Yesterday both equity and bond markets reacted quite positively to the testimony given by Jane Yellen to the Senate Banking Committee, where the FED, although remaining very cautious and vague, did open the door for an interest rate hike this year. The European stocks rallied in the late part of the afternoon session, with the Euro Stoxx 600 closing the day up 0.56% and the FTSE 100 also up 0.71%. US equity indexes followed suit trading in positive territory and posting moderate gains.

Yellen’s remarks yesterday afternoon marked her first firm stance that interest rates in the US will be rising, and it is now a question of when more than a matter or if. However, she was very careful not to specify the magnitude of the increase or the rapidity of future hikes. Once again the FED pointed out how the US economy is clearly on track to a full recovery, with Yellen signaling that the Central Bank might be dropping the pledge to be “patient” and calling for investors to start basing their predictions on actual economic data rather than a strong forward guidance.

In this regards the FED reiterate the improvement in the labor market and the better overall economic activity, which would support the argument for an interest rate increase, however it also hint that any interest rates hike will be largely linked to wage growth rather and simply to a continuous increase in jobs’ creation. This stance is not surprising considering that the US Central Bank’s second mandate after full employment is price stability, and Yellen stated that the current US inflation is indeed lower than the bank would have liked. In fact, if on one hand low oil prices have left more money in consumers’ pockets and provided an indirect support for the whole economy, on the other hand it has also been the major drag on inflation readings, along with a strong dollar. In my opinion, inflation and a stronger dollar are the two major obstacles to an early rate increase, which would exacerbate the divergence between the large majority of Central Banks around the world, in the process of easing monetary policies and devaluating their respective currencies, and the FED, facing a strengthening dollar and about to embark onto the first monetary tightening since the financial crisis.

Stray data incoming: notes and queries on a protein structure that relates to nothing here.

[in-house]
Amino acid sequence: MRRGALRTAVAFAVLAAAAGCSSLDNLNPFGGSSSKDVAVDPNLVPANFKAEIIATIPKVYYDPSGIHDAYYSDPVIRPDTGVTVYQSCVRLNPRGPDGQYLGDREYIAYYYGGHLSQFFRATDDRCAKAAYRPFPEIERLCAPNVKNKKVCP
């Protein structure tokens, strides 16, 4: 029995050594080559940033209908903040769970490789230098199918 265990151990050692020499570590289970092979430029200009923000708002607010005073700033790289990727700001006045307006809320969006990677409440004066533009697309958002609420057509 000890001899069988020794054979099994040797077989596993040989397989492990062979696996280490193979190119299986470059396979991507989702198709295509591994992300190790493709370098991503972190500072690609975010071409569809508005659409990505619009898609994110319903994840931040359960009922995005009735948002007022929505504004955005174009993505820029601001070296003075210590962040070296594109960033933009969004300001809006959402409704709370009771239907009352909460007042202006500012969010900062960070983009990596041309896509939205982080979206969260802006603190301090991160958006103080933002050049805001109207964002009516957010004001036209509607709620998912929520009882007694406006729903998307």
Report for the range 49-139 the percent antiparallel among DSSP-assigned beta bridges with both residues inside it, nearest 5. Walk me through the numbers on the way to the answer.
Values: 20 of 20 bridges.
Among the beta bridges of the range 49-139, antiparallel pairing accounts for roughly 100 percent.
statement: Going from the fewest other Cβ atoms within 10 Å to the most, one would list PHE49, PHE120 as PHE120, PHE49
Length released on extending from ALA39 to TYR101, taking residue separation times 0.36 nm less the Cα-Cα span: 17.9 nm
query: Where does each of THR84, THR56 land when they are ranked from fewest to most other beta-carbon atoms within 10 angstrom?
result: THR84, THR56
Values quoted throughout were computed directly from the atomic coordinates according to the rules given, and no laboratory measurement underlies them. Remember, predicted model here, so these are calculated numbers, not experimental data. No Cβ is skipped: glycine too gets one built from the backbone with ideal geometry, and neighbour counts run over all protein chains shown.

In conclusion, Yellen made her best to balance small hawkish comments, while remaining overall more accommodative that some analysts had anticipated, prompting markets to bet that the coming interest rate will actually be postpone to the second half of the year, most likely to September-October.

The result of this overall still dovish approach was a rise in Government Bonds’ prices across the globe, from US Treasuries to German Bunds to Australian Government bonds, pushing yields lower and reverting a trend witnessed during the last few days.

The Dollar also retreat, with investors pricing in the fact that interest rate’s discussions will be put on hold for a couple of FED’s meetings. On the back of yesterday comments, the Dollar Spot Index lost 0.2% and it is now poised for the first monthly fall since June 2014.